Link to Owner Dr. Robert B. Pamplin Jr.



Metro bond money will partly fund the new Gresham homes, city has $7.6 million left to invest

COURTESY RENDERING: ANKROM MOISAN ARCHITECTS - Albertina Kerr will construct new affordable housing on its Gresham campus.

Two low-income housing projects in Gresham got the green light to receive $19 million from a Metro housing bond, which will create 194 affordable new homes.

Albertina Kerr received $12.3 million to help fund a project for 147 affordable housing units on its Gresham campus on Northeast 162nd Avenue between Glisan and Halsey streets. The other project is Rockwood 10, a 224-unit complex, which got $6.7 million for 47 of the 224 units.

"It's been a long road," Gresham City Councilor Mario Palmero said at a city council meeting on the awards.

Voters passed the Metro housing bonds in 2018, but the timeline for completion of bond projects is five to seven years.

The city of Gresham received $26.7 million from the Metro bond to dole out for low-income housing in Gresham.

The Gresham City Council approved the two projects, which leaves about $7.6 million for future housing in Gresham, according to the city.

Although the two approved projects are new housing, the remaining funds could be used to rehabilitate existing low-income housing or build additional new homes.

Councilor David Widmark said "both of these projects tick off everything we as a Council put together when we started this process."

COURTESY RENDERING: WECHTER ARCHITECTURE  - Rockwood 10, which may be renamed, will provide affordable housing and a park and social services that woudld be open to non-residents.

Metro directed that the money would help fund projects that totaled at least 187 affordable housing units in Gresham. It wanted 77 of them "deeply" affordable, targeted to folks earning 30% of the Area Median Income. It directed 93 of them be "family-sized," which is two or more bedrooms.

The funding for the two projects pays for only part of the cost of the developments. The projects require other sources of funds from grants, donations, investors and other sources.

The two projects have made it through most of the approval process, but Rockwood 10 has one more step to go with Metro.

Albertina Kerr's building will be a four-story, 96,816-square-foot structure with homes ranging in size from studios to three bedrooms. Thirty of the units will be calibrated to folks making 30% of the Area Median Income. Another 102 units will be for families earning 60% of the AMI and 15 units at 80% of the AMI. Thirty of the homes will be targeted for adults with intellectual and developmental disabilities.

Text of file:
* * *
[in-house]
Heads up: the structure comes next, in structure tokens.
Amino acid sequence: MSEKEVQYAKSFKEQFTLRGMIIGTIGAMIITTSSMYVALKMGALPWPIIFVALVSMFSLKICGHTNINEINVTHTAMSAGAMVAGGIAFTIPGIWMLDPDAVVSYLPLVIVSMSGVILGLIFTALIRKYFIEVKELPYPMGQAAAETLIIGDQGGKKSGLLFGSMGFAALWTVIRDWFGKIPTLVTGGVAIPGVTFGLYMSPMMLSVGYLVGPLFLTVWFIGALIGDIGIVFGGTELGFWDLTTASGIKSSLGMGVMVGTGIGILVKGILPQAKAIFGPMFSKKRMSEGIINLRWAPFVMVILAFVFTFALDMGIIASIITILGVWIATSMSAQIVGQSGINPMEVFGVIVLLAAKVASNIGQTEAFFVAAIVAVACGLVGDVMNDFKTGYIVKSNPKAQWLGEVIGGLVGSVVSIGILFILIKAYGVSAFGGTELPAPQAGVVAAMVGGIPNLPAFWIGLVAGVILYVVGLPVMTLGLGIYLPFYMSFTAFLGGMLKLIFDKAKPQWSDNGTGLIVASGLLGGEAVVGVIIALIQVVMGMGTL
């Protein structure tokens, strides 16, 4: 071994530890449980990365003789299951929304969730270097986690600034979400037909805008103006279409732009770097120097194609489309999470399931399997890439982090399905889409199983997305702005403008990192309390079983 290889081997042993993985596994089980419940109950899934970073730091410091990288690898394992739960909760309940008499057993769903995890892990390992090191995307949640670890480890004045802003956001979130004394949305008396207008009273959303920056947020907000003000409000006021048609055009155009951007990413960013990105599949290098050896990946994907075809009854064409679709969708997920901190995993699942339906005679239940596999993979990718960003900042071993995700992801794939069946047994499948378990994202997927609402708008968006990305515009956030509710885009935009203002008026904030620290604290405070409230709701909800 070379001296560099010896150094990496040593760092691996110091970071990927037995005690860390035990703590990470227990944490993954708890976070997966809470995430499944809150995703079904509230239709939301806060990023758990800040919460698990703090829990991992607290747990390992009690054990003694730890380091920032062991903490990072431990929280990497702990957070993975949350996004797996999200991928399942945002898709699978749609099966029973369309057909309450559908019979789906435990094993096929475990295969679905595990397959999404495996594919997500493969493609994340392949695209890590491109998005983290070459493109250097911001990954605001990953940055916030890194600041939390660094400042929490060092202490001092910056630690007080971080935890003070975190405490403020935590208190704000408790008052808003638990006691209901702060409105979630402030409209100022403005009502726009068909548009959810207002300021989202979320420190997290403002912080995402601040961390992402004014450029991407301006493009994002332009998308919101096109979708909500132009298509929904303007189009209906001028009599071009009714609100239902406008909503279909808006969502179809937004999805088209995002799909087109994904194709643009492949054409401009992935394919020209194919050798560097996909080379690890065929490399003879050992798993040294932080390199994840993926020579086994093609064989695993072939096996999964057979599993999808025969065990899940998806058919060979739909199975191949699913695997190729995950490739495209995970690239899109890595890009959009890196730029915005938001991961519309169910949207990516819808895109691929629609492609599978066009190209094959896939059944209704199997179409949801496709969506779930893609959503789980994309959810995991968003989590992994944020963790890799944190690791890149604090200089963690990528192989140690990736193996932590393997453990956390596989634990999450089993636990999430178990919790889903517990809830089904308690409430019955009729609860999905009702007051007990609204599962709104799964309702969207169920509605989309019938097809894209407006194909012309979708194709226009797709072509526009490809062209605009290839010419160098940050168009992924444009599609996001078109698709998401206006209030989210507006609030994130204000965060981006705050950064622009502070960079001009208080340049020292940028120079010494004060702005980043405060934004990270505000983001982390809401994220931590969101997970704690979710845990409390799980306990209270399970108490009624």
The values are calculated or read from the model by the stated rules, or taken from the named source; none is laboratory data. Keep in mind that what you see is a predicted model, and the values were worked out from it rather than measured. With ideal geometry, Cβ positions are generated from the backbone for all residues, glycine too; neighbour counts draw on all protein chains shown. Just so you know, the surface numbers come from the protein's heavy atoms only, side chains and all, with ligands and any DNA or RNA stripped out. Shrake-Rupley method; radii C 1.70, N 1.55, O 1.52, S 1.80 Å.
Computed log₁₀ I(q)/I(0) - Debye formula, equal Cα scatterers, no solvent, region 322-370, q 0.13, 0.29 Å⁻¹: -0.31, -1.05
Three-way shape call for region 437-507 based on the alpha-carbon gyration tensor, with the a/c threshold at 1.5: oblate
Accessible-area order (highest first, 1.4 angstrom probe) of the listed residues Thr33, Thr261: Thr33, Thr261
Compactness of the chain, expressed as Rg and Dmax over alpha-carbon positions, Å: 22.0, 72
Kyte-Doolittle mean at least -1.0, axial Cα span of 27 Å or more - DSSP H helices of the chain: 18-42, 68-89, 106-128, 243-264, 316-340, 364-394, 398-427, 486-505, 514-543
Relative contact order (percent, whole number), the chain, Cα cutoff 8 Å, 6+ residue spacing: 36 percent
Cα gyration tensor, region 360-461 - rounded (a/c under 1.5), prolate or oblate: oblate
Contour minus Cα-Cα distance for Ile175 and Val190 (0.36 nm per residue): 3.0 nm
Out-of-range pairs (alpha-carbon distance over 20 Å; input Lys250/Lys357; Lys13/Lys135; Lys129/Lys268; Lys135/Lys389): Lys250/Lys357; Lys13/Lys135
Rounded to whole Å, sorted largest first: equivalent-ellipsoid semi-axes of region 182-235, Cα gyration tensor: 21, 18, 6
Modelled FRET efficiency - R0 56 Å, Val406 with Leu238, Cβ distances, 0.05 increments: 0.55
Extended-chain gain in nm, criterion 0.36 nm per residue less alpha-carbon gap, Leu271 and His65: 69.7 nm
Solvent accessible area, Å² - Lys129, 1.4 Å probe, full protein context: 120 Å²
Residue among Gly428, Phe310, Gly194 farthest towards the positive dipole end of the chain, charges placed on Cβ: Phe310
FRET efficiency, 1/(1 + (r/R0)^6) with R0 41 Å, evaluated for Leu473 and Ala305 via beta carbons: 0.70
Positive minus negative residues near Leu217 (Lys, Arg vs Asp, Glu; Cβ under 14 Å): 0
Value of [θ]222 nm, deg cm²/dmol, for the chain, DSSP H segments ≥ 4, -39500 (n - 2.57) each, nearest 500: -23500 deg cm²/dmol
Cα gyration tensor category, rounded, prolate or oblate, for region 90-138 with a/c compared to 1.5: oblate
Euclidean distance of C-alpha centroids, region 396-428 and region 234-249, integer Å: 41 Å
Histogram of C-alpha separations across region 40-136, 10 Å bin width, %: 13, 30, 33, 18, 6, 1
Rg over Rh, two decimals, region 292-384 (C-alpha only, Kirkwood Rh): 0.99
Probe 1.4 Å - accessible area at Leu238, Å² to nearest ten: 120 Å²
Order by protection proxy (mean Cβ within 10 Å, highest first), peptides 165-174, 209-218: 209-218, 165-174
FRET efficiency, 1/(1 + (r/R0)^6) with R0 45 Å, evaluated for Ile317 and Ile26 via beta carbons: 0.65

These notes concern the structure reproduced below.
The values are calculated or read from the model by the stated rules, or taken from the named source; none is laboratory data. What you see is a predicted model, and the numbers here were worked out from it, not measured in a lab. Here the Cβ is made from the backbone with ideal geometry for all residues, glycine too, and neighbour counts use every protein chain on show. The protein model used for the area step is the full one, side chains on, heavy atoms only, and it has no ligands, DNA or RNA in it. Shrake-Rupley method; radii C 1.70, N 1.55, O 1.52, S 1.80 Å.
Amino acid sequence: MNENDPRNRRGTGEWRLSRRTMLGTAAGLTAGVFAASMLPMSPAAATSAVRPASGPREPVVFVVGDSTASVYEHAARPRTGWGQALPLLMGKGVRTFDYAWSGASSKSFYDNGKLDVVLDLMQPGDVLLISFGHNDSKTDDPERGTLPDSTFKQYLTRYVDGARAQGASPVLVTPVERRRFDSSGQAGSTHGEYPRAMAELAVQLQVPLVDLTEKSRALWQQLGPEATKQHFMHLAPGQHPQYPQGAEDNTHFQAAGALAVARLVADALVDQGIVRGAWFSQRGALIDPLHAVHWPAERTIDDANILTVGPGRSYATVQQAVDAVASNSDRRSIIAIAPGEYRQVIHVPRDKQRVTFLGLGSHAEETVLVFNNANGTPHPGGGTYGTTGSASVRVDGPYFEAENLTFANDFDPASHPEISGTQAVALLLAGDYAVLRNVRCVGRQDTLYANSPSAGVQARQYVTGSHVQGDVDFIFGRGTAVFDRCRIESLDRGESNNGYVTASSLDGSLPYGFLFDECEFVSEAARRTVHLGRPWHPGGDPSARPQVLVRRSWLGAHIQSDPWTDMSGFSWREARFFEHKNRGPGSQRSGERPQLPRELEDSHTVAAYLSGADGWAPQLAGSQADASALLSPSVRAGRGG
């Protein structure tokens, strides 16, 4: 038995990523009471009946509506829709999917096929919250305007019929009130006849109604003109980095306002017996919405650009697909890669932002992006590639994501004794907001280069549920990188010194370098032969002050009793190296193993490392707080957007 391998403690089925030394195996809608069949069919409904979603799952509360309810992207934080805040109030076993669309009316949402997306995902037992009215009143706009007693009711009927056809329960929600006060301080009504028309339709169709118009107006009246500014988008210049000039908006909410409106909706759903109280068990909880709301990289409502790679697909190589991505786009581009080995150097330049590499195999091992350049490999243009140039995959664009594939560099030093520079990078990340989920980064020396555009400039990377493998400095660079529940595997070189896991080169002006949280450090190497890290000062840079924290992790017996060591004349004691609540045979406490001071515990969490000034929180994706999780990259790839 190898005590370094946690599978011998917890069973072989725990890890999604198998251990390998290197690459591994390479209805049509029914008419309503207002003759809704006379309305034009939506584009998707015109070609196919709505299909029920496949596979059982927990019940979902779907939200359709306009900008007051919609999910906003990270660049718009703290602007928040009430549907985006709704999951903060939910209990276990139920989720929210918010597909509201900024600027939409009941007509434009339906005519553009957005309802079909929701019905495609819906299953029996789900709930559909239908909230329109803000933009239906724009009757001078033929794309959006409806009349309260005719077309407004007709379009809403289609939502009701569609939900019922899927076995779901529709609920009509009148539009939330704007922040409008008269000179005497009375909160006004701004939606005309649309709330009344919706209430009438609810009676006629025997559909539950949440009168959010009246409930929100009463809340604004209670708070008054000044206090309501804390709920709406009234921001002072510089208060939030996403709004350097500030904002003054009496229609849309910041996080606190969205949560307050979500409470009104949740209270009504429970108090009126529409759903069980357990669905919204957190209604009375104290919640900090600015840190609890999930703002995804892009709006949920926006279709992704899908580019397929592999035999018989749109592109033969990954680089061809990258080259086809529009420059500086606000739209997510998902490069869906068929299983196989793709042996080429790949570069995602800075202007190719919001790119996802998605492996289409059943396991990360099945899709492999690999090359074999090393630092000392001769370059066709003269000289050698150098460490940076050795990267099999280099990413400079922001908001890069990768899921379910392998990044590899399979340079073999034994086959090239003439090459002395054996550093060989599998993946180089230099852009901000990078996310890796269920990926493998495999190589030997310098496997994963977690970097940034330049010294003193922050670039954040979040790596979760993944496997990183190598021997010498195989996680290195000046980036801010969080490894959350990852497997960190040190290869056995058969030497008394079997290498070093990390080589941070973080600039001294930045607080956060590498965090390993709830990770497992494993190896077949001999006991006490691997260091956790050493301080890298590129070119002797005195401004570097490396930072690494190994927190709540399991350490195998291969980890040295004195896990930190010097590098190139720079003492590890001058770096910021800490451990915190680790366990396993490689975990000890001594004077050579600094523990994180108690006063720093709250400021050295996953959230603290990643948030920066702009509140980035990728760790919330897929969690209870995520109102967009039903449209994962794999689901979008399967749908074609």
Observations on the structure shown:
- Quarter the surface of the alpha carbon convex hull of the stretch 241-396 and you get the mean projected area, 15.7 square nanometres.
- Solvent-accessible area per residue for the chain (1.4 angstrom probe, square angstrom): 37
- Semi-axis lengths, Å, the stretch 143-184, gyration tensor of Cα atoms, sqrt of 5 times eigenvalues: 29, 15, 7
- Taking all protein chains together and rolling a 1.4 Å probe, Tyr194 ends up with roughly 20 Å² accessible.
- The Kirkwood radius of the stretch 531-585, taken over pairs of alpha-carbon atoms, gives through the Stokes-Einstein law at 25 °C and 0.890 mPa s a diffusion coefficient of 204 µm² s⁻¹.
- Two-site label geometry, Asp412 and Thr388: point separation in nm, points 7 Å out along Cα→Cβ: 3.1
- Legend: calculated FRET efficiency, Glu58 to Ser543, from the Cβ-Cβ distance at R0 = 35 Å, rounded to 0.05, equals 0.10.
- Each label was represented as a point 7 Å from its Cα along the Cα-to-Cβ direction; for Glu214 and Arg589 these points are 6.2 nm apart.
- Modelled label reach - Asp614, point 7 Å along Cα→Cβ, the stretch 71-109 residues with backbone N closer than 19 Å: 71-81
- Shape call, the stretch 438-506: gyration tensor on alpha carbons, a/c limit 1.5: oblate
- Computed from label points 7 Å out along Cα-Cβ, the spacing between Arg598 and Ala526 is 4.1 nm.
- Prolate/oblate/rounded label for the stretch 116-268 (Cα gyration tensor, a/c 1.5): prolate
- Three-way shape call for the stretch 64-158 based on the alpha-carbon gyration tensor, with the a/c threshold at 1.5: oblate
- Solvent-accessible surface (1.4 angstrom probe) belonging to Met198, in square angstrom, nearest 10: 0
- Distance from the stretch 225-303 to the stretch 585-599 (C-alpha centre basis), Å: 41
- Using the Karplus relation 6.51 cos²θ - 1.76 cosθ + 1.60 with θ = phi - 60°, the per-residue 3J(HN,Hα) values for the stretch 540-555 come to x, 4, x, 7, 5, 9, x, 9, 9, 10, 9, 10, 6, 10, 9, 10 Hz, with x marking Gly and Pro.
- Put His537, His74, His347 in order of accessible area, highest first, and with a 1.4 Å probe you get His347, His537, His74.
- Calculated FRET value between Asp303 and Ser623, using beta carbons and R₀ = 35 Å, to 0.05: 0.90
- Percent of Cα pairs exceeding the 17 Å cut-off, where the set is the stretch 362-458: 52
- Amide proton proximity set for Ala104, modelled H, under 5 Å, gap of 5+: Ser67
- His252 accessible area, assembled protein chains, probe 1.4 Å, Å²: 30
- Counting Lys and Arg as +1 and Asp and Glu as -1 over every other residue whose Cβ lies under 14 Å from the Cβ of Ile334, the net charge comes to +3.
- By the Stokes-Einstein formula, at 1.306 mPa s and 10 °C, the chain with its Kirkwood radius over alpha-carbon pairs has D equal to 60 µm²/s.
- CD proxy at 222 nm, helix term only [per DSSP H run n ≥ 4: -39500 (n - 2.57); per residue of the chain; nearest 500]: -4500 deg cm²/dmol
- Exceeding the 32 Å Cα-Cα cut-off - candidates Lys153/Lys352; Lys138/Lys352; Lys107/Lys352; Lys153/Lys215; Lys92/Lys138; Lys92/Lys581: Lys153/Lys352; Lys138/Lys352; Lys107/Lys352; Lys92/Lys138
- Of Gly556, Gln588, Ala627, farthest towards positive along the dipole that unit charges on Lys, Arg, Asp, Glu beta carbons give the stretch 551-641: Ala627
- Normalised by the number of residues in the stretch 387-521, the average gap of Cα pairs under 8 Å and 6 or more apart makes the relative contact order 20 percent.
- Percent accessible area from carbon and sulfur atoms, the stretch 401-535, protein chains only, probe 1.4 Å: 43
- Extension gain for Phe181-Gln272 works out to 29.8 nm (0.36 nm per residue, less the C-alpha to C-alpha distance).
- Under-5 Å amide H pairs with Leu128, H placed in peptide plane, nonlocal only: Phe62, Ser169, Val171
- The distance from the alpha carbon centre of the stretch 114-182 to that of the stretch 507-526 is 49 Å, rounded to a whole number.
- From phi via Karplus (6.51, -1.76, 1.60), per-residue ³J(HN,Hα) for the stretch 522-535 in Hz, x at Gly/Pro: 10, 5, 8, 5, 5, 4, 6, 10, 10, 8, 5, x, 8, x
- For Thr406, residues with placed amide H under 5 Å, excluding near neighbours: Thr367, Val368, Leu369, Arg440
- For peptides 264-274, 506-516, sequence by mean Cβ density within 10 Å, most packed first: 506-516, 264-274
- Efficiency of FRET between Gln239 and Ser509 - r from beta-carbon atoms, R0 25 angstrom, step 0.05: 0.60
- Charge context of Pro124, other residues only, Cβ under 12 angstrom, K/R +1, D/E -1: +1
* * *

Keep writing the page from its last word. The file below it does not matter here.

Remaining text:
Rockwood 10 is a 224-unit complex on 14 acres between Southeast Stark Street, 187th Avenue and Yamhill Street. The bond money will fund 47 housing units at 30% of Area Median Income, and 23 of those will be three-bedroom homes and four will be four-bedroom units.

Rockwood 10 is being developed by Community Development Partners and Hacienda CDC.

The two projects selected have drawn objections from some members of the community. Some people decry insufficient parking, congestion or fear of crime. Rockwood Preparatory Academy, 740 S.E. 182nd Ave., would lose some play area and had safety and other objections to Rockwood 10.

The two projects were selected and five were not.

One of the disappointed developers that did not receive Gresham's Metro bond money was Palindrome Communities. They hoped to get funds to move ahead with a large development in the Civic neighborhood, abutting the MAX Civic Station on the south side, on land owned by Metro.

The fate of that project is up in the air as Metro has given Palindrome until the end of the year to finalize funding for the 435-unit mixed-use complex.

Another project that did not make the cut was Cleveland Commons, at 212 N.E. Cleveland Ave., proposed by Cascadia Behavioral Healthcare.

Planned housing for the Downtown Rockwood development at 18600 E. Burnside St., submitted by RKm Development, and one called Gresham Veterans Place, 1220 N.E. Division St. submitted by Home First, also were not funded. Likewise a project called Liberty Green, at 424 N.E. Liberty Ave., proposed by nonprofit Human Solutions and Colas Development Group was not get selected.

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